The Iraqi Constitution prohibits forced labor, kidnapping, slavery, slave trade, trafficking in women or children, and the sex trade, and the Government of Iraq ratified the Convention on the Elimination of All Forms of Discrimination Against Women ("CEDAW"). However Iraqi government officials have overwhelmingly failed to act to prevent abuses and to punish offenders. Iraq has not passed anti-trafficking legislation, allowing traffickers to continue to operate with impunity. Research and preliminary investigations leading to the production of this report indicate that Iraqi women and girls are being subjected to the following types of trafficking: 1) exploitation of prostitution or other forms of sexual exploitation; 2) forced labor or services; 3) slavery or practices similar to slavery; and 4) servitude. There are also credible reports of trafficking-related practices such as forced participation in criminal activity. Because of the nature of trafficking, quantitative measurement is inexact even in developed nations with functioning judicial and law enforcement sectors. In Iraq, measuring the scope of trafficking is far more difficult. However, there is ample evidence of established patterns and practices of trafficking, leading to a strong likelihood that hundreds of women have been trafficked over the last five years in the Kurdistan region, and thousands elsewhere in Iraq and in neighboring regions.
In accordance with the Iraqi Constitution as well as international treaty obligations, Iraq must develop an effective national and regional counter-trafficking strategy. A comprehensive approach to combating trafficking must include prevention strategies, protection of trafficking victims, and prosecution of traffickers. This is a difficult time for Iraqis as they struggle with ongoing violence and war, as well as ongoing political restructuring in which many issues have yet to be determined. However it is also an opportune time to address trafficking and other serious human rights violations, as Iraq's national and regional governments work to strengthen the rule of law. Addressing problems of trafficking and other forms of gender-motivated violence is integral to this process of reform.
This document presents Vital Voices and its partner associations have mapped the ecosystem of support that is currently available for women-owned businesses from the perspective of businesswomen's associations (BWAs) in 21 countries. Through this process, Vital Voices and BWAs identified strengths, gaps, and opportunities for action to support women business owners that exist at the regional, country, and global levels. Drawing from Vital Voices' partnership with these BWAs in Latin America, the Middle East and North Africa, and Sub-Saharan Africa, including an ecosystem mapping exercise and member survey, this report identifies specific areas in which ecosystem actors may support women business owners; provides actionable context and guidance - a roadmap - for organizations that aspire to greater global leadership and impact within the women's economic empowerment space; and encourages ecosystem actors to explore new and innovative partnerships while also considering additional stakeholders to bring to the table and include in strategic investment decisions.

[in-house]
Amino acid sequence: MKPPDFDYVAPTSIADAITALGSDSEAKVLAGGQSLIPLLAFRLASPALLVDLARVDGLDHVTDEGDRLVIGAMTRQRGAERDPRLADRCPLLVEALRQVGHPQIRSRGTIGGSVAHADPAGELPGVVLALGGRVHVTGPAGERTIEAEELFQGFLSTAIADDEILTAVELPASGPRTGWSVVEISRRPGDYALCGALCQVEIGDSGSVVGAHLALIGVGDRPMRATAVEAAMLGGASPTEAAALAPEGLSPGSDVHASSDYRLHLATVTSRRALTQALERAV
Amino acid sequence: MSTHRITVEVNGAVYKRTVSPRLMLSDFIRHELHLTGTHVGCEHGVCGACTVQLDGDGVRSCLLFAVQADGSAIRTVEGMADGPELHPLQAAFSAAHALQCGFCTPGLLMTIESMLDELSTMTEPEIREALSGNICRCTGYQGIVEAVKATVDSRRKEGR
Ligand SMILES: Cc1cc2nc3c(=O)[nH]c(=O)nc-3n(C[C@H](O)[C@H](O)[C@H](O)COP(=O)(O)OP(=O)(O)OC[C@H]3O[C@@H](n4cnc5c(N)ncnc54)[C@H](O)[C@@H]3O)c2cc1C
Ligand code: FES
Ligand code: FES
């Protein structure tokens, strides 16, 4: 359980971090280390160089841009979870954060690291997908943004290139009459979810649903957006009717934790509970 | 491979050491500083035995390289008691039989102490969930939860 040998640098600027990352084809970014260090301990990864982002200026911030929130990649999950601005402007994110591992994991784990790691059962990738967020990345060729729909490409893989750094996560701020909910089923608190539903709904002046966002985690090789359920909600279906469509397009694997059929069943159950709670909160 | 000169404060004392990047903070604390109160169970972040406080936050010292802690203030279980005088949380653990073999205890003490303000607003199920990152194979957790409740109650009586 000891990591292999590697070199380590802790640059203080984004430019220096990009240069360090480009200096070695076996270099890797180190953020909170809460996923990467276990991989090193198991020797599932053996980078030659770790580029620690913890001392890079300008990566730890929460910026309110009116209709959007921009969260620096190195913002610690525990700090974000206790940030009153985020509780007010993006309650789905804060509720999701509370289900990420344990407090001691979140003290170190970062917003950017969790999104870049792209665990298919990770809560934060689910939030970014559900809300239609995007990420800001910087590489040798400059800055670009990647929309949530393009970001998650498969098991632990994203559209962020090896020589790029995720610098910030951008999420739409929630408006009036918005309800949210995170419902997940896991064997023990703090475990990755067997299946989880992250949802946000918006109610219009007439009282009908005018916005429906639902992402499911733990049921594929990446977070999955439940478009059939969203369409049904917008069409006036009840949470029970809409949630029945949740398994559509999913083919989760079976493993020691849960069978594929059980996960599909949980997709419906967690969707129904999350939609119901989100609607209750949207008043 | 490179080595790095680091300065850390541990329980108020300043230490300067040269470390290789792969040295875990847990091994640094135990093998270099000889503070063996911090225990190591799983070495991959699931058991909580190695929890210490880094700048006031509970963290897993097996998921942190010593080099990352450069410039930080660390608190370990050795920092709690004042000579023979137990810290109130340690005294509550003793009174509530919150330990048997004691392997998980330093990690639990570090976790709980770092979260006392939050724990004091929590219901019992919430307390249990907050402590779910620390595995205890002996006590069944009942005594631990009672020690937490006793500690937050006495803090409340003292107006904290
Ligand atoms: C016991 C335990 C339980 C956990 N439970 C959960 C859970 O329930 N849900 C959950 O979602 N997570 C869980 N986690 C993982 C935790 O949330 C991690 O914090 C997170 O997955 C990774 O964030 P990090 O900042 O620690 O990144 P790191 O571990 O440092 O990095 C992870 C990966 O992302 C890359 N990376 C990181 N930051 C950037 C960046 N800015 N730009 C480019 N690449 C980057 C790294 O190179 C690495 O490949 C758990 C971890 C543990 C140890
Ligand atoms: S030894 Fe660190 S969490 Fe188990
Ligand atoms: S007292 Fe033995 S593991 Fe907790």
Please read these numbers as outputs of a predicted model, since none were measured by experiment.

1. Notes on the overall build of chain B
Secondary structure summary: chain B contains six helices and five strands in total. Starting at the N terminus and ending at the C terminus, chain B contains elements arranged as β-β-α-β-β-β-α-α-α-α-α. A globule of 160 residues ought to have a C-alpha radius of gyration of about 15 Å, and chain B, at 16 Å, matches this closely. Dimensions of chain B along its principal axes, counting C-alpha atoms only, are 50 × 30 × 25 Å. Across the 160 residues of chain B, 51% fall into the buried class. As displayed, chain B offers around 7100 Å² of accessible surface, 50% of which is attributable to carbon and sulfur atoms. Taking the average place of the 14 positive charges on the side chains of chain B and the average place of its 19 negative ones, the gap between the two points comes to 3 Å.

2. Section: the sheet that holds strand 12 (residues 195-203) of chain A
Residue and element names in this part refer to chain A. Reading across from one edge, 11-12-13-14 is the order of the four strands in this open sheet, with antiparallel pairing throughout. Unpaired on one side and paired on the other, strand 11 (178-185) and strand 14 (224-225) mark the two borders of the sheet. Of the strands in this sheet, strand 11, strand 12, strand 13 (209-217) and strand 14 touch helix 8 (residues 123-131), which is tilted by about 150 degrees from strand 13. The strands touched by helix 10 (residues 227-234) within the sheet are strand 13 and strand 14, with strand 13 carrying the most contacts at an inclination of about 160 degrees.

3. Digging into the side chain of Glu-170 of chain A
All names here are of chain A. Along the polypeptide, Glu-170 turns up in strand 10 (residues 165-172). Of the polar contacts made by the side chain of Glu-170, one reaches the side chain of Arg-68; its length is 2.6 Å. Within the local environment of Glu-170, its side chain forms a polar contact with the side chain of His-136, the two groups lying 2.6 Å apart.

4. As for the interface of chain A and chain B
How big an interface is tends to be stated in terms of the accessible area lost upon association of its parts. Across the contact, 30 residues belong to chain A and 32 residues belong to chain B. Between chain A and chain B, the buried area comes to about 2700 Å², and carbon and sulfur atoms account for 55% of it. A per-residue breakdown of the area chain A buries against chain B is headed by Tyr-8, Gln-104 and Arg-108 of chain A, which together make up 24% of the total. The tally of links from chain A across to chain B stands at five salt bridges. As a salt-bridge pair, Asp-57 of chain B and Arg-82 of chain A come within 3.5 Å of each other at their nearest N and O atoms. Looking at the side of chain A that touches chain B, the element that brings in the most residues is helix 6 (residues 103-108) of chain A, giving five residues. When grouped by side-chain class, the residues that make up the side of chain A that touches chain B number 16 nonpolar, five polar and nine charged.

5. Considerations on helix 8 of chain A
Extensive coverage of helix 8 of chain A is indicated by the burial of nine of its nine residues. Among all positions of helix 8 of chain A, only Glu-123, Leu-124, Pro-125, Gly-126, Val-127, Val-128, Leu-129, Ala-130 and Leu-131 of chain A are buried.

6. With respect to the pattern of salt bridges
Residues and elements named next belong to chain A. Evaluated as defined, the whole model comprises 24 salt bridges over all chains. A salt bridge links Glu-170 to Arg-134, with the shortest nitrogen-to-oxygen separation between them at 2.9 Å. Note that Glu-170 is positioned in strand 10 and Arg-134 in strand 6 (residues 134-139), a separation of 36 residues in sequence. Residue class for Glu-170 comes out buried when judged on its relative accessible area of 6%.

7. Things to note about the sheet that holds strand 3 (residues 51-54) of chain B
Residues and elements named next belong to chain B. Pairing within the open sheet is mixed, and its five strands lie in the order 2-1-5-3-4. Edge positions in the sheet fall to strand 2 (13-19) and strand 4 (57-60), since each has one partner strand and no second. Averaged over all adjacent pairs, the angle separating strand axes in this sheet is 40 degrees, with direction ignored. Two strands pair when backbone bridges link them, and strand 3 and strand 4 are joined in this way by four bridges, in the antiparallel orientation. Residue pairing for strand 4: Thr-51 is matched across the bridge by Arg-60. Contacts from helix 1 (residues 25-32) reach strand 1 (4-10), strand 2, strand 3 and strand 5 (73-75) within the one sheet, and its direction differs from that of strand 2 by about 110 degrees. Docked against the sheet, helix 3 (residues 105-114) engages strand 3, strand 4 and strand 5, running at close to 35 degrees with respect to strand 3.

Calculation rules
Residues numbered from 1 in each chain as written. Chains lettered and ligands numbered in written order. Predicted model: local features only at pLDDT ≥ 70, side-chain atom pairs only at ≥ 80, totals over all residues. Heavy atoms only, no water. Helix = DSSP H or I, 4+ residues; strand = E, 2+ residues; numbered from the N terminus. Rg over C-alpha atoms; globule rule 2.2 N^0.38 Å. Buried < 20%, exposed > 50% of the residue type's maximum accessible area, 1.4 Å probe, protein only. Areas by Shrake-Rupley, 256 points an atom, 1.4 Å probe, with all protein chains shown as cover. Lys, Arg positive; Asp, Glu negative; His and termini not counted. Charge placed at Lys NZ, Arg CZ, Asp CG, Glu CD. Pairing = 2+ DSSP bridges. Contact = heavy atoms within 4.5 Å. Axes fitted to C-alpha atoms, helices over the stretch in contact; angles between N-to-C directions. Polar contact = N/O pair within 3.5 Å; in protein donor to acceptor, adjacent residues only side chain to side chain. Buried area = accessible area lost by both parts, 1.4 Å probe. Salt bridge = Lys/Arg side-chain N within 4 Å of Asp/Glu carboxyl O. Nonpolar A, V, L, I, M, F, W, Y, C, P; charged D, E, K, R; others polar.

United States Agency for International Development (USAID);
When LGBT people are denied full participation in society because of their identities, their human rights are violated, and those violations of human rights are likely to have a harmful effect on a country's level of economic development. This study analyzes the impact of the treatment of lesbian, gay, bisexual, and transgender people on economic development in 39 emerging economies and other selected countries, and presents findings that demonstrate a link between LGBT rights and economic output. The findings suggest that LGBT equality should be part of economic development programs and policies.
Examines the history of the debate surrounding how population growth affects national economies. Looks at specific regions of the world and how their differing policy environments affect the relationship between population change and economic development.
Earth Policy Institute;
Long after the political uprisings in the Middle East have subsided, many underlying challenges that are not now in the news will remain. Prominent among these are rapid population growth, spreading water shortages, and ever growing food insecurity.
In some countries, grain production is now falling as aquifers are depleted. After the Arab oil-export embargo of the 1970s, the Saudis realized that since they were heavily dependent on imported grain, they were vulnerable to a grain counter-embargo. Using oil-drilling technology, they tapped into an aquifer far below the desert to produce irrigated wheat. In a matter of years, Saudi Arabia was self-sufficient in wheat, its principal food staple.
But after more than 20 years of wheat self-sufficiency, the Saudis announced in January 2008 that this aquifer was largely depleted and they would be phasing out wheat production. Between 2007 and 2010, the wheat harvest of nearly 3 million tons dropped by more than two thirds. At this rate the Saudis likely will harvest their last wheat crop in 2012 and then be totally dependent on imported grain to feed their Canada-sized population of nearly 30 million people.
Women's Refugee Commission (formerly Women's Commission for Refugee Women and Children);
Around the world, an estimated 3.5 million displaced people live with disabilities in refugee camps and urban slum settlements. The Women's Commission for Refugee Women and Children, with the support of the United Nations High Commissioner for Refugees, undertook a six-month research project to assess the situation of those with disabilities among refugee and conflict-affected populations. Using our field research in five countries, Ecuador, Jordan, Nepal, Thailand and Yemen, the Women's Commission sought to map existing services for displaced persons with disabilities, identify gaps and good practices and make concrete recommendations on how to improve services, protection and participation for displaced persons with disabilities.
- Refugees with disabilities are among the most hidden, neglected and socially excluded of all displaced people in the world.
- They are excluded from or unable to access mainstream assistance programs as a result of attitudinal, physical and social barriers and are forgotten in the establishment of specialized and targeted services.
- Refugees with disabilities are more isolated following their displacement than they were in their home communities and their potential to contribute and participate is seldom recognized.